Dear Nicky,

I hope this letter finds you well. I’m not usually one for politics (I’m too sleep deprived for that) but I have recently been reading up on the proposed nursery places for three and four year olds. I felt that I should write to you to share my views. Firstly, let me tell you a little bit about my situation. I have two wonderful boys; Toby who is 4 and Teddy who is currently 2 but would be 3 and entitled to a nursery place once the proposed changes come in.

Toby is serverly autistic, completely non-verbal and attends a Special School. His autism affects every part of our family life. My husband works very hard as a teacher and loves what he does, however he has recently had to reduce his teaching to four days a week to protect his own health and wellbeing due to the increasing demands of teaching and the stresses of our home life.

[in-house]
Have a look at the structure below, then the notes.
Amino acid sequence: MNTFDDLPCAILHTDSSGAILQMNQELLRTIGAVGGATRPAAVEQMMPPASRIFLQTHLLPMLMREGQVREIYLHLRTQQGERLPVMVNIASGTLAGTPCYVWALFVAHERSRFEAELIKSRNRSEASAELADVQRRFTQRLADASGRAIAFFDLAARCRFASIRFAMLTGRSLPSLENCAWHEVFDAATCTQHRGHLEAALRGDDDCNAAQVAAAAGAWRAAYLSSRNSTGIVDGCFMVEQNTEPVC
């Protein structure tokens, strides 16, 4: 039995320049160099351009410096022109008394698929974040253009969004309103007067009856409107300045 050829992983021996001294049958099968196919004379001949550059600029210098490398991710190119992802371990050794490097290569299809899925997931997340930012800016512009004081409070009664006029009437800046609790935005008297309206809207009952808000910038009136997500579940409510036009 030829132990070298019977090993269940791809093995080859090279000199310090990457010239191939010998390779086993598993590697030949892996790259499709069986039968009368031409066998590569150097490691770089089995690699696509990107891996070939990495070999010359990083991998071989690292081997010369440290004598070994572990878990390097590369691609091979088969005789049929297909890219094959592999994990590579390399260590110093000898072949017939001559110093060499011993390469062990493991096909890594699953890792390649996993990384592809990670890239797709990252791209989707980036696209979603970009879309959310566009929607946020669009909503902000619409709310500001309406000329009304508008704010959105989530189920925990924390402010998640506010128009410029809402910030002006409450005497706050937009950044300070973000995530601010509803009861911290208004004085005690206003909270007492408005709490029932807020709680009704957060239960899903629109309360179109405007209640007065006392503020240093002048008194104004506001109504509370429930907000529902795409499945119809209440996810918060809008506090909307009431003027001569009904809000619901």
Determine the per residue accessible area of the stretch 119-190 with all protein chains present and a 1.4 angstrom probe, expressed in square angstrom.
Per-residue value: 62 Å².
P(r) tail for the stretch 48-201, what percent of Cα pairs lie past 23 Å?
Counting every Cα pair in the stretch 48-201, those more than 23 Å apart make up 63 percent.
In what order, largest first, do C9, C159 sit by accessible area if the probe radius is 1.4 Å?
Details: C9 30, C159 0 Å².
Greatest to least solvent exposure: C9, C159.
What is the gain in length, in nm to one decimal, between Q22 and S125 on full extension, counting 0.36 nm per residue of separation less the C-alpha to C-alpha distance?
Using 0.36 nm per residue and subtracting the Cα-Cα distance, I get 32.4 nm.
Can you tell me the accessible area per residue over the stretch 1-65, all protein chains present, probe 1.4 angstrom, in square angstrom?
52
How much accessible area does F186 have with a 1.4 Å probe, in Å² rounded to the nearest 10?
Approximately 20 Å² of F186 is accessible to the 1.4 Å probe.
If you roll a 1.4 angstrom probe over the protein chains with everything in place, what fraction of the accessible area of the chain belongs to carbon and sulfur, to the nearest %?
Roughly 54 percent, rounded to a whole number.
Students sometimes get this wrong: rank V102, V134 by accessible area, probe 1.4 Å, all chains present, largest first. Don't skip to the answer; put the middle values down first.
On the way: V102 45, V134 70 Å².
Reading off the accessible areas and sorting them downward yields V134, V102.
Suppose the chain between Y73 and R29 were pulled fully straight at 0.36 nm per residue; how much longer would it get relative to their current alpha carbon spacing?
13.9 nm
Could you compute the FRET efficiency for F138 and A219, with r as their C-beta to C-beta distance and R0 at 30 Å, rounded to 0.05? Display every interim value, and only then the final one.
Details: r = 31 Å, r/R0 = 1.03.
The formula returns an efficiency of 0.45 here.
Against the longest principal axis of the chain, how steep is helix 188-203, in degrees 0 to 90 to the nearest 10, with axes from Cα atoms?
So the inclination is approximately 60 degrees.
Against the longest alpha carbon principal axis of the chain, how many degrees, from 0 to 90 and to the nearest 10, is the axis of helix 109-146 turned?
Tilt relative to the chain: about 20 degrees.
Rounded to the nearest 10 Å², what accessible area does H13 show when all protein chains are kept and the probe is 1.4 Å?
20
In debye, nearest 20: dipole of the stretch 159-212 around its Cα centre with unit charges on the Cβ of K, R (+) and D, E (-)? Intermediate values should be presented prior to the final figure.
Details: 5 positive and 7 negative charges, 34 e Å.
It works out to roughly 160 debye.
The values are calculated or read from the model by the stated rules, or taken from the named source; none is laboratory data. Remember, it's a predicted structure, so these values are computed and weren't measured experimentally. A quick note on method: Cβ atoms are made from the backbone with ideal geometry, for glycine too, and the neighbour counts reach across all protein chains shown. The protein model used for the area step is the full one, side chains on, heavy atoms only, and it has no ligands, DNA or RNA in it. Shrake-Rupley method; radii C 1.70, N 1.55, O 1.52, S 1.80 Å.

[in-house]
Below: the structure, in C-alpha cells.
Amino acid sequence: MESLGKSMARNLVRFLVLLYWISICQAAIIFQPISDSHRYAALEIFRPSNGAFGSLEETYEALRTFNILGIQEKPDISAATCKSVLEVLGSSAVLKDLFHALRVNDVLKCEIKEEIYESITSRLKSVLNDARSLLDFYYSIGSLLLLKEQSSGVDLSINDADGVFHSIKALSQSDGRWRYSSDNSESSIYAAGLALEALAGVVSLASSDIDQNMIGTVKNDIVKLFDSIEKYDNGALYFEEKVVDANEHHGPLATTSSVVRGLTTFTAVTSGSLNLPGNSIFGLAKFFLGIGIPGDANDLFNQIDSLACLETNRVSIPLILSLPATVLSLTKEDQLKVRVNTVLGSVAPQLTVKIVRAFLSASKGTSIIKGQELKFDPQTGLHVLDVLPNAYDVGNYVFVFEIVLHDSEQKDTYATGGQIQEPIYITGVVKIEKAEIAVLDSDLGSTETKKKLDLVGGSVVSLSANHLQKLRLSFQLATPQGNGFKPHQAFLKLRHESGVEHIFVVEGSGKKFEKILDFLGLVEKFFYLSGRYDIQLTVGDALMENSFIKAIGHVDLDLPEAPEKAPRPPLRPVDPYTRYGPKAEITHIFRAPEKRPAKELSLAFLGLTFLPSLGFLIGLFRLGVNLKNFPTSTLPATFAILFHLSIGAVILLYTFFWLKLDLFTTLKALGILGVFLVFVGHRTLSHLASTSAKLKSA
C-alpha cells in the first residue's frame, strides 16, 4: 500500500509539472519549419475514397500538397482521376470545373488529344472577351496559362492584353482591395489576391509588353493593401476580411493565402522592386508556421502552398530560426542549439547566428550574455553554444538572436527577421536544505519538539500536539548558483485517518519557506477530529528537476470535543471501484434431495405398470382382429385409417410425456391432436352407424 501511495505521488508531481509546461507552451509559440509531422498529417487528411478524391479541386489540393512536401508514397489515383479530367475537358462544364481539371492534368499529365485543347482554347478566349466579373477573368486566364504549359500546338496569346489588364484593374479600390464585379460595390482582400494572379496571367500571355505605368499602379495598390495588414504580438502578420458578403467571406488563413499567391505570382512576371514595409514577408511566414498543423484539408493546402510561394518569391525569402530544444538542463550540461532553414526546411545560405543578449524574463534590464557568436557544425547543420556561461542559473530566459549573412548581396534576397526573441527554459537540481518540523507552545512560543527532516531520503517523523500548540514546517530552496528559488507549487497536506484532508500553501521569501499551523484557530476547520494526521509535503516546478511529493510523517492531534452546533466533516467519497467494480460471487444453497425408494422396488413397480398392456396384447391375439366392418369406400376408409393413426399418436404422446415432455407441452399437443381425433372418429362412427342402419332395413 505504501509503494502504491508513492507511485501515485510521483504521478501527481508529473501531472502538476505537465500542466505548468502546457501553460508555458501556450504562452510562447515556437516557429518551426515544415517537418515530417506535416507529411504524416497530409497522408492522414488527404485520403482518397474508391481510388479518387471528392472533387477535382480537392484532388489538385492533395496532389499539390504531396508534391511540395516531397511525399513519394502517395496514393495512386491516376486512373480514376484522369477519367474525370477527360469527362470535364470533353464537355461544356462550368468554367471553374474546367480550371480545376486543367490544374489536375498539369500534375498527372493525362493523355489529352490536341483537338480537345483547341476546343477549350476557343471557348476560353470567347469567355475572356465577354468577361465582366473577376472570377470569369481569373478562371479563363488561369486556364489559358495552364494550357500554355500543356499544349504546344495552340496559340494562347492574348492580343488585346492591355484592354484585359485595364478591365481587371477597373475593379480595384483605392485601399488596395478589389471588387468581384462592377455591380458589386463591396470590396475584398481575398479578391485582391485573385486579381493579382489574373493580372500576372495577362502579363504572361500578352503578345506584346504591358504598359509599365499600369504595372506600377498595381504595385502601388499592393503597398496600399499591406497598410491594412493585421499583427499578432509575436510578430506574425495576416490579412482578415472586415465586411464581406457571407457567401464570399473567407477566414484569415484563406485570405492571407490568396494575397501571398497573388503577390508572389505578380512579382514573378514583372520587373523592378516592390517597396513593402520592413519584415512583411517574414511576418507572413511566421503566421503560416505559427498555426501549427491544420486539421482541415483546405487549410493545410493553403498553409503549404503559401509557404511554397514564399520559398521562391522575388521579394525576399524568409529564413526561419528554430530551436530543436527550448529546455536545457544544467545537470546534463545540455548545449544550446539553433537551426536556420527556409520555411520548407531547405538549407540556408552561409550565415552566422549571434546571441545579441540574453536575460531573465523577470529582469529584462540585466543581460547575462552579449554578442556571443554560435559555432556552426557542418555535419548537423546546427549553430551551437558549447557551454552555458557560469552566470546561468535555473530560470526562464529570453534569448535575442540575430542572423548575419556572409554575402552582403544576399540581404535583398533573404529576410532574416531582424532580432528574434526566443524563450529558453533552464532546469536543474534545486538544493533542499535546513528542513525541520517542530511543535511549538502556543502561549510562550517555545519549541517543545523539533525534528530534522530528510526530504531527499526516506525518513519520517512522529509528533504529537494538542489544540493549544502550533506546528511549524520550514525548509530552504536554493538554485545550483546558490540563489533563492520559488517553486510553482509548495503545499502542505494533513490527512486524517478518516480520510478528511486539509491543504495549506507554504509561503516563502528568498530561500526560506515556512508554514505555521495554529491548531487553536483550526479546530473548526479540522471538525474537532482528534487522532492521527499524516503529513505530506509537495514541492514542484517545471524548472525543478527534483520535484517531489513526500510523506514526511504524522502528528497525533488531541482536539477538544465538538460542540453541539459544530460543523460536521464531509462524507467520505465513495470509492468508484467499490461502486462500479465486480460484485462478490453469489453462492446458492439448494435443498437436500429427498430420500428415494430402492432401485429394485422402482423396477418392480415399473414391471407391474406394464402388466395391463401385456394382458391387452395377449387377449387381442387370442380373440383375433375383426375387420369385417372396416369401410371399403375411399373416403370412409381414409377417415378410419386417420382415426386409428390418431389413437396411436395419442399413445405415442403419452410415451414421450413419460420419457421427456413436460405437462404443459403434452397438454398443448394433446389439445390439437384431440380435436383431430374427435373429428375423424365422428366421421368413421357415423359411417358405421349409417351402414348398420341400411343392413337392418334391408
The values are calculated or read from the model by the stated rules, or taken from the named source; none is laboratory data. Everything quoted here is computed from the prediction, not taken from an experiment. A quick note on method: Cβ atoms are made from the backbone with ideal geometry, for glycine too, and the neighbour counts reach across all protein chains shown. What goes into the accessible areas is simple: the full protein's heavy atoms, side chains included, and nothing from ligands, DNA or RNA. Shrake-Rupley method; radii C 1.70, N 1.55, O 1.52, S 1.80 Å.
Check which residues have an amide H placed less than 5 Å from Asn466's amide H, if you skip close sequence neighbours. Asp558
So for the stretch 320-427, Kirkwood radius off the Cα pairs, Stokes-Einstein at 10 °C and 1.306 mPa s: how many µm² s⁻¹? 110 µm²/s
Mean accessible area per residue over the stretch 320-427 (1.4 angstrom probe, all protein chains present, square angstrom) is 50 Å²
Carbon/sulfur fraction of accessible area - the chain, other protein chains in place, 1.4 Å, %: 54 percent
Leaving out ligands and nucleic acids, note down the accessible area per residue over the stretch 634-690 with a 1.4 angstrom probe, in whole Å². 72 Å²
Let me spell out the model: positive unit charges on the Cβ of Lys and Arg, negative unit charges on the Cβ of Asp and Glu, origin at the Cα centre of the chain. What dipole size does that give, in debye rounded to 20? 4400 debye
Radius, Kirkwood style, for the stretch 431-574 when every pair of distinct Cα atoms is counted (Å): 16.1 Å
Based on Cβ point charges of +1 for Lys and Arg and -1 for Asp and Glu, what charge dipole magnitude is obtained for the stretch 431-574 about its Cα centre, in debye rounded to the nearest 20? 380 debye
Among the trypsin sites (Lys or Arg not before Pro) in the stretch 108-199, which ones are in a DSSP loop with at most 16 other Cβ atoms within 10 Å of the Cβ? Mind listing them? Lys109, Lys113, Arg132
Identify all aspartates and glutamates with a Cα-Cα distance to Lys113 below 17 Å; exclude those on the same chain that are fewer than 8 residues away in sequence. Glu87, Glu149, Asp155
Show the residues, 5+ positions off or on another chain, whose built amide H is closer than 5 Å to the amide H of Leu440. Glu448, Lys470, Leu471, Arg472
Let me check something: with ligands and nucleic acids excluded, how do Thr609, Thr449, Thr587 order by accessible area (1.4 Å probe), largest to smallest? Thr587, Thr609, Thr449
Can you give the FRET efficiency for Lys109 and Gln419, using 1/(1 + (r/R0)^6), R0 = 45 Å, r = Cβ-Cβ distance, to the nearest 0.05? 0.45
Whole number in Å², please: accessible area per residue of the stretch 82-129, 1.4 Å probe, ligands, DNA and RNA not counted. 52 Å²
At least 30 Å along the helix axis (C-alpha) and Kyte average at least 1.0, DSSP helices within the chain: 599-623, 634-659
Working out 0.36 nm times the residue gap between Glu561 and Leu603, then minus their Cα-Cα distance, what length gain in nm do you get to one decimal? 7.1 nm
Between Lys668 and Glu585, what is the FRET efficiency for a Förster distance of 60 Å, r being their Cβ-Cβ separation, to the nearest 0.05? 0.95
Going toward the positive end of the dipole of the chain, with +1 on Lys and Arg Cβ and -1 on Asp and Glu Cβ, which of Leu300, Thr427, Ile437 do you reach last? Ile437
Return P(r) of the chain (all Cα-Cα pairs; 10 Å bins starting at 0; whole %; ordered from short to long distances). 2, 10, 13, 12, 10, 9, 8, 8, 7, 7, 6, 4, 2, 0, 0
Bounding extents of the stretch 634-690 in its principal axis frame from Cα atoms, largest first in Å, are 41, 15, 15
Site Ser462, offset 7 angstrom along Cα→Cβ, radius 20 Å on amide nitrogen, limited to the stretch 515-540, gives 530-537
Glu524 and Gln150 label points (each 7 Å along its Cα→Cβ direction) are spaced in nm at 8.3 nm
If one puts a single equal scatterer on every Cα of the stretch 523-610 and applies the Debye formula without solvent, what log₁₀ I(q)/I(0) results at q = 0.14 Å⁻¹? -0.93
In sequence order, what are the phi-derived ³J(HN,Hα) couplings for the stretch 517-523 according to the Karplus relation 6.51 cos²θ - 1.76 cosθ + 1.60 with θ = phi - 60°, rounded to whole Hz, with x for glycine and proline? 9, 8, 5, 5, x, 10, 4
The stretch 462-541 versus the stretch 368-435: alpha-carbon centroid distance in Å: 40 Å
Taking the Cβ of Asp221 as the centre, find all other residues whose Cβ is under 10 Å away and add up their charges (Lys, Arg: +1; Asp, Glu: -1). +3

I am not currently in paid employment (what most people call “work“) and I do claim carers allowance for my role in looking after Toby. However I do “work“. I work completely unsociable hours through evenings, nights and weekends and I don’t get holidays. I care for Toby with his complex needs and challenging behaviour day and night. Many days start around 1am as he struggles to sleep; despite various medications his brain just doesn’t need as much sleep as ours. He has no awareness of danger and needs constant supervision when awake for his own safety. He climbs over safety gates, tries to let himself out of the house and often needs restraining after becoming very distressed, and due to not being able to communicate lashes out and can be a real danger to himself and others. School holidays are even more challenging than normal as he really struggles without the structure and routine of school. He often becomes very distressed and as he doesn’t speak we can’t discuss these worries and concerns; he often ends up crying at the door for long periods of time and can get so wound up that he becomes very aggressive.